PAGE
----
My friend Gene Lee wrote a good post about how long discrimination lawsuits can take. He refers to statistics showing that from start to finish, the average lawsuit will take 22 months. That sounds about right for the San Antonio area, also. Here in South Texas, we can file the typical discrimination lawsuit in state or federal court. The length of litigation time is about the same for either venue.
As Gene explains, the discovery process will take months, sometimes years. In employment cases more than other cases, the relevant "evidence" is mostly in the hands of the employer. So, as one might expect, employers resist providing evidence whenever possible. "Discovery" is the process we use to obtain relevant evidence. Discovery includes written questions and requests for documents. It also includes depositions. Discovery is often the heart of the case for both sides in an employment suit.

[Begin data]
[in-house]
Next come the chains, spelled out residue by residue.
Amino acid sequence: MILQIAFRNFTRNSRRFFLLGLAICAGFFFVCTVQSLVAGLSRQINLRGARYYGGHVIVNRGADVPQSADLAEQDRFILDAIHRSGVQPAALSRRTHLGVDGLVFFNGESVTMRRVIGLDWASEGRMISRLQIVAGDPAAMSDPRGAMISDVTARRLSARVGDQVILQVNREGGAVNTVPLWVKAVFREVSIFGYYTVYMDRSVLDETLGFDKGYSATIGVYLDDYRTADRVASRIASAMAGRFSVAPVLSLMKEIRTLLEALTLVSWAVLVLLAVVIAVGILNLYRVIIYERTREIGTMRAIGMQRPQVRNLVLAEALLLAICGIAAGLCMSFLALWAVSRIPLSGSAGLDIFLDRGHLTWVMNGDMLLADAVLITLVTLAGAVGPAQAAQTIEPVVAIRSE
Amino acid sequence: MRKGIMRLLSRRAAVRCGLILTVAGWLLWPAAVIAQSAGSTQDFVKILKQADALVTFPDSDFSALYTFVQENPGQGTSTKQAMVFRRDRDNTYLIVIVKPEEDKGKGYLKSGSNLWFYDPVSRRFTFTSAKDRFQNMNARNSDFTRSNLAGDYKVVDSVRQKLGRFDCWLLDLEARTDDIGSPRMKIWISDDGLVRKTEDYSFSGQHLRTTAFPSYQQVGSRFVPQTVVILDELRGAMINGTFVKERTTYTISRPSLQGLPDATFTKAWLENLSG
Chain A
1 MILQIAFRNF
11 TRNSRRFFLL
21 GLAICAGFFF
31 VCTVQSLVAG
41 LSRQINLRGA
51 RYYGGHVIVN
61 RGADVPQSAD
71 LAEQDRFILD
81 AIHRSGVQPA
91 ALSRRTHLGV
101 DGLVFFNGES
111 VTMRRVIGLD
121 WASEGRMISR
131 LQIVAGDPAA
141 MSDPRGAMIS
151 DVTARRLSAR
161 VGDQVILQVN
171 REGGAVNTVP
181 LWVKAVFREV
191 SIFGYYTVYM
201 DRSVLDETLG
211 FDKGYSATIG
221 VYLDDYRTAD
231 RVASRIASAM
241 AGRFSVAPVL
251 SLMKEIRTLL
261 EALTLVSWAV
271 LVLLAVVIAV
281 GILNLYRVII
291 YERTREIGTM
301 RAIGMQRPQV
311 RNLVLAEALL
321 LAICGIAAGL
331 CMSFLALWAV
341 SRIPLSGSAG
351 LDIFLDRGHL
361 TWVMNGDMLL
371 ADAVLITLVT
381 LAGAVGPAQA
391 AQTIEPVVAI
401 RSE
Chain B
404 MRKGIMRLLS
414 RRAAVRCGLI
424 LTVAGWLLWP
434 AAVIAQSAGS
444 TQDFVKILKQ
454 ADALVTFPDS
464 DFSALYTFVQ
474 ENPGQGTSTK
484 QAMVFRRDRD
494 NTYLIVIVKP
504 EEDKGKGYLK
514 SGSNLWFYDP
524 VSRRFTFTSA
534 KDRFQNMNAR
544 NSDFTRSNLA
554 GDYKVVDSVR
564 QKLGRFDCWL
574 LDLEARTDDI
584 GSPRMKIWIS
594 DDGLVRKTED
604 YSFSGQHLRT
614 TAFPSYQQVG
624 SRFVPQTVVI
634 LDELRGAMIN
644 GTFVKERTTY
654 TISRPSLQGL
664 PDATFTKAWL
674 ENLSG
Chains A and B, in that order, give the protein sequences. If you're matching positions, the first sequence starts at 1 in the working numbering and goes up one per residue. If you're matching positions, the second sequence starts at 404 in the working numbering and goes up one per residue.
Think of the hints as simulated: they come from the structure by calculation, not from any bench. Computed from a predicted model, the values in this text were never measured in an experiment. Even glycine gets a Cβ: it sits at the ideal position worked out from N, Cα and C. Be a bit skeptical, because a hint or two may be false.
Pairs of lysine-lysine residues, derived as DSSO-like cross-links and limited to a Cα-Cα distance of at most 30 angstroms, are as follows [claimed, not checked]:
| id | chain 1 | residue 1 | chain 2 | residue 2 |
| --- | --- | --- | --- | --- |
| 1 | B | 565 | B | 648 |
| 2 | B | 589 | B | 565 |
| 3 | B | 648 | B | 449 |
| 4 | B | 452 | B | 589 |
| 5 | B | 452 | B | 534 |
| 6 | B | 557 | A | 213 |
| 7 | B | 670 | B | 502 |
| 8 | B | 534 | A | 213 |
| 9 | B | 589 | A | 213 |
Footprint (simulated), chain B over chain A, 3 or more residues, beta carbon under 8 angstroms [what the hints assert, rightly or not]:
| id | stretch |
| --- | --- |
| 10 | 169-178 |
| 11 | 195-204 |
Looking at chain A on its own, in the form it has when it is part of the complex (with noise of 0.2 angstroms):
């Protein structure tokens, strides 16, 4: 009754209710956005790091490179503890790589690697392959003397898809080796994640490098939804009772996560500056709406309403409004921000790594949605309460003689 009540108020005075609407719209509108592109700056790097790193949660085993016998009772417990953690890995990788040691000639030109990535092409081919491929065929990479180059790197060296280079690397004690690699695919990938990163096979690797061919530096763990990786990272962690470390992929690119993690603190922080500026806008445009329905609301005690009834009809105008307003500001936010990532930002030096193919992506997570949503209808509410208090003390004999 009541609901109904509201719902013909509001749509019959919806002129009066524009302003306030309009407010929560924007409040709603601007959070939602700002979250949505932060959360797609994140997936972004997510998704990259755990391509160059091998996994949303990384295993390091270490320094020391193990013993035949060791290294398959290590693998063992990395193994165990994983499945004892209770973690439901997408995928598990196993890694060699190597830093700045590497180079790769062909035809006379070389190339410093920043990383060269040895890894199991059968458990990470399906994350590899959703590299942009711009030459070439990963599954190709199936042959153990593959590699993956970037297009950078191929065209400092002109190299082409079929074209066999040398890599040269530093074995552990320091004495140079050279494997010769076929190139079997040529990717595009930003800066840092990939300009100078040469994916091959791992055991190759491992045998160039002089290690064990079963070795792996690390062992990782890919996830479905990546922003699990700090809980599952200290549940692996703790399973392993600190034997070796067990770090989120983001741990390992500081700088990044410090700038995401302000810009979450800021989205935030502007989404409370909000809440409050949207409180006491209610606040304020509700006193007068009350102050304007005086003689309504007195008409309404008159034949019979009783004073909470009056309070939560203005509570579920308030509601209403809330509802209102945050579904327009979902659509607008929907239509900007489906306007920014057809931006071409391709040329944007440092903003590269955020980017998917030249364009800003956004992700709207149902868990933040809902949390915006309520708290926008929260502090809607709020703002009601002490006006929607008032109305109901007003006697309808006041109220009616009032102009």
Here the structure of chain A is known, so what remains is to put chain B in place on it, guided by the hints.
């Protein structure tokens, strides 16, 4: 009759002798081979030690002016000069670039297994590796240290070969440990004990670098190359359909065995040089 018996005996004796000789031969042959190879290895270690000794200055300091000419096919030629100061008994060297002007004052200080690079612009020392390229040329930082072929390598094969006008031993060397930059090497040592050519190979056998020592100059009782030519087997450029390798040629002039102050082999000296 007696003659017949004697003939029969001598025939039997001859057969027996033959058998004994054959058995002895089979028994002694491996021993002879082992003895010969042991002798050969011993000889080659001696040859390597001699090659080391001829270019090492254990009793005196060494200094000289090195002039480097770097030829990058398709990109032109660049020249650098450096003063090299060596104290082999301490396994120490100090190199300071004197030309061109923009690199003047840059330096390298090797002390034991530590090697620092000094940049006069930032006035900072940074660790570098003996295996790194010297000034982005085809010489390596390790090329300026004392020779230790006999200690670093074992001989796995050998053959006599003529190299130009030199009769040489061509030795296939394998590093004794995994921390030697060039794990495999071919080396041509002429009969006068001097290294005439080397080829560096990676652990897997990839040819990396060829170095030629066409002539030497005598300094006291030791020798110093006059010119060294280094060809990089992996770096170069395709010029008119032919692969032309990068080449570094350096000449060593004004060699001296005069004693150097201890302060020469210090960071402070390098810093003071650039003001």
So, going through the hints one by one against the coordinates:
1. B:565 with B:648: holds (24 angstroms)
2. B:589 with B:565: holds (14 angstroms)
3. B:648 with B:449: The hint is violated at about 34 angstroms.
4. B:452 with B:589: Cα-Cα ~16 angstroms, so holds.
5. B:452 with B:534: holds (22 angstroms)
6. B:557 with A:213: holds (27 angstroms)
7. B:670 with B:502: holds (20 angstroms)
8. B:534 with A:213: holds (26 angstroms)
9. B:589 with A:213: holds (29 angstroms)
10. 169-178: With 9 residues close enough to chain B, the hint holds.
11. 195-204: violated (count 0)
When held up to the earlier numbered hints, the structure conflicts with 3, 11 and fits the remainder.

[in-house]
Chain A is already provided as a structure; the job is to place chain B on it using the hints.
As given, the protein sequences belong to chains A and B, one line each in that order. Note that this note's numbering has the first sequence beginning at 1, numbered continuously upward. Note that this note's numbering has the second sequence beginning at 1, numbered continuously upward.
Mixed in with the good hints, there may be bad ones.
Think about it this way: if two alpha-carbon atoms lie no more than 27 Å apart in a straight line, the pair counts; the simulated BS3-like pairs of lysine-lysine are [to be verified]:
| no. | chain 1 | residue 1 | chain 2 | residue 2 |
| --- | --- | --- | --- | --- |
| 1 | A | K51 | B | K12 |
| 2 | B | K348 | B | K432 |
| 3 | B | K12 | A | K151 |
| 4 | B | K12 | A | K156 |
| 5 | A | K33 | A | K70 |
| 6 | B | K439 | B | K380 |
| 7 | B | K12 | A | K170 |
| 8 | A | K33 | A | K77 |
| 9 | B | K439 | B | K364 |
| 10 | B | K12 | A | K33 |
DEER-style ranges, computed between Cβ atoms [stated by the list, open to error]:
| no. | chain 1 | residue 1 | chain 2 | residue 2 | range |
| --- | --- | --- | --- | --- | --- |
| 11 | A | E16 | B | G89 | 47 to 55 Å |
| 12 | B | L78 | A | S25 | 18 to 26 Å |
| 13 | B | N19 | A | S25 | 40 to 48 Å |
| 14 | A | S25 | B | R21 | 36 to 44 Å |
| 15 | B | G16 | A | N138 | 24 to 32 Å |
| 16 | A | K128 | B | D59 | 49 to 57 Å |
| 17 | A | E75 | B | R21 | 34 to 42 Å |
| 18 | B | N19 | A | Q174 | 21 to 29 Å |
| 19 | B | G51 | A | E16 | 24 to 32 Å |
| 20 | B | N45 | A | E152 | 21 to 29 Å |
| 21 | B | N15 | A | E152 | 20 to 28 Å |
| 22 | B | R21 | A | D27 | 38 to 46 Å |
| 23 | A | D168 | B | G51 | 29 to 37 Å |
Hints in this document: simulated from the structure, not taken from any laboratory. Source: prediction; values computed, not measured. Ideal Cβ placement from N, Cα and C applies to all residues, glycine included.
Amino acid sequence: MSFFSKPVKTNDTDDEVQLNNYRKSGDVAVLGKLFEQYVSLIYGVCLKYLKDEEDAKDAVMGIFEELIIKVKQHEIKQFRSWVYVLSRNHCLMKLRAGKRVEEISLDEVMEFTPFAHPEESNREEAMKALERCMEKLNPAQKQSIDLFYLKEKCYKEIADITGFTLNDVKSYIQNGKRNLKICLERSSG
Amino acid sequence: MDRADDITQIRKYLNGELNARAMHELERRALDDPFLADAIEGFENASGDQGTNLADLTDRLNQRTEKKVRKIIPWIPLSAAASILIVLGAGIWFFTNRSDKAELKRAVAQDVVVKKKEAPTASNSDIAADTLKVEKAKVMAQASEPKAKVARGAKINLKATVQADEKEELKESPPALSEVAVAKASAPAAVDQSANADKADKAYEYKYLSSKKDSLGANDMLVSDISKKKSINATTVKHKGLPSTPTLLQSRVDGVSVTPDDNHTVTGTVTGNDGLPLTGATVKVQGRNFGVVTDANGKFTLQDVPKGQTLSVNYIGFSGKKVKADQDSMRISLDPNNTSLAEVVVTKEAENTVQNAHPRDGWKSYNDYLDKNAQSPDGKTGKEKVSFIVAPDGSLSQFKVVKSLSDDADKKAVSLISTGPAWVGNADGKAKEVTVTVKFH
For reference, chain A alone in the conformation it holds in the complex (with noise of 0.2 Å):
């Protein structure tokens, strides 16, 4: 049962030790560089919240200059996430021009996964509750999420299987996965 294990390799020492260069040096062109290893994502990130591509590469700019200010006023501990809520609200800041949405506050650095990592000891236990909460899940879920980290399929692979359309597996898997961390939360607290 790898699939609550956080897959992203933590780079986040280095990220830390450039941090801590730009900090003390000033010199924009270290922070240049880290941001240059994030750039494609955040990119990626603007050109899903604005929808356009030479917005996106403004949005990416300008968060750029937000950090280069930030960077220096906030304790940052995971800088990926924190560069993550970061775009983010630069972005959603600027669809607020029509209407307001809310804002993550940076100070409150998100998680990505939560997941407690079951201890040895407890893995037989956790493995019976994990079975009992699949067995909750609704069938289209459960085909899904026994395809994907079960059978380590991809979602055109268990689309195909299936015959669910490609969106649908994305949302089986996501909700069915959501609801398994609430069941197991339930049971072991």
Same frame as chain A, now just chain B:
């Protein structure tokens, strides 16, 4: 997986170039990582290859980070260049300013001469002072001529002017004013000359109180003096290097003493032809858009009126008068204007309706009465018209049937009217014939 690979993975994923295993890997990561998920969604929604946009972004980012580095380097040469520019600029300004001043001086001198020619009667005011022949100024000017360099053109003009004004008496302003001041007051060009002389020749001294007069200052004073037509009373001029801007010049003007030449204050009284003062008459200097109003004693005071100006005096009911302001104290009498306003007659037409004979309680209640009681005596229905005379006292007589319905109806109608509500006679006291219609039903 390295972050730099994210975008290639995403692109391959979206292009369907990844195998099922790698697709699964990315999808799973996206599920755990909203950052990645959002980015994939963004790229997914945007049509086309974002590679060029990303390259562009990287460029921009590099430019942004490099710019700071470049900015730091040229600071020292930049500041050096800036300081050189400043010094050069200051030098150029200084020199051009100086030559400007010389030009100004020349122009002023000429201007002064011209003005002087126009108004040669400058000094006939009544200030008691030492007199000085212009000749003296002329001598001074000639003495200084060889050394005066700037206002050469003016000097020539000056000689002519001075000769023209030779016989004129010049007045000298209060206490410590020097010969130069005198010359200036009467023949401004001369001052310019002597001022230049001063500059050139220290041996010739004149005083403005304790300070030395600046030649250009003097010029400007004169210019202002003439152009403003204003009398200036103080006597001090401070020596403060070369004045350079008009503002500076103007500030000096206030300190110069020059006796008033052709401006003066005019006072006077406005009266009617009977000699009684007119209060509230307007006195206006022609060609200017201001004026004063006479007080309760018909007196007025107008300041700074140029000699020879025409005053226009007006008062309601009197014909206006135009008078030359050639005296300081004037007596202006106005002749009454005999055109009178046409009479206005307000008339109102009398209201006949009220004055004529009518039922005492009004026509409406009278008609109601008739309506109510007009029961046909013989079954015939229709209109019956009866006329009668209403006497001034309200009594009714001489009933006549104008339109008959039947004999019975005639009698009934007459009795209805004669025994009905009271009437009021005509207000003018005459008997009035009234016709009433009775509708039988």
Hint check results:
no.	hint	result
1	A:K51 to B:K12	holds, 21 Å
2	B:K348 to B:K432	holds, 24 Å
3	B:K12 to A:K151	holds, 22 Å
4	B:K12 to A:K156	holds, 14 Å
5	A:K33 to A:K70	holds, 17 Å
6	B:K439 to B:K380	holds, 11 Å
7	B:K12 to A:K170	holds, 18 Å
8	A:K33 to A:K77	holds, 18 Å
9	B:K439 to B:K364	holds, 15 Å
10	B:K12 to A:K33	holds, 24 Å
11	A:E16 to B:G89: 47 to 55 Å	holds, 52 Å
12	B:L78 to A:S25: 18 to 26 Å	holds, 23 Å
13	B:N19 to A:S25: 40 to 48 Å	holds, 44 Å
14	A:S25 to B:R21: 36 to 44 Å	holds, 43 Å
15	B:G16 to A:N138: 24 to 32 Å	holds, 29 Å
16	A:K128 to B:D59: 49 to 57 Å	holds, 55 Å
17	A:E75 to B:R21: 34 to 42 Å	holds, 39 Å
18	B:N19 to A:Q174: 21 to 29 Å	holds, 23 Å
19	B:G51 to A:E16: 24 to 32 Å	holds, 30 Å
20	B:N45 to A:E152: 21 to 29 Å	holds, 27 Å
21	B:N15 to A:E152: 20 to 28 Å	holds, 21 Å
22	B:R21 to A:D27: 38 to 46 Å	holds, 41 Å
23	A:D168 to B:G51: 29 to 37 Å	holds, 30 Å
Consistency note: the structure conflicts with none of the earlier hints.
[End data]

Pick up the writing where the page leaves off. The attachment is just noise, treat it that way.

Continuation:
Depositions are the biggest cost in any lawsuit. Gene Lee also put together a nice post about the costs of a lawsuit. As Gene explains, you do not have to depose every critical witness, but it sure helps to depose anyone and everyone.
And, of course, as Gene explains in both posts, after everything is done and you win, the employer side will almost always appeal in an employment case. Employers fare very well in appellate court. So, they have strong incentive to contest any jury wins. The appeal itself here in South Texas will require another 1-2 years to complete. If one must appeal to the Texas Supreme Court, that would take significantly longer. I recently saw an article about a party who actually sued the Texas Supreme Court because they had heard his appeal four years ago and still had not issued a ruling. Ouch!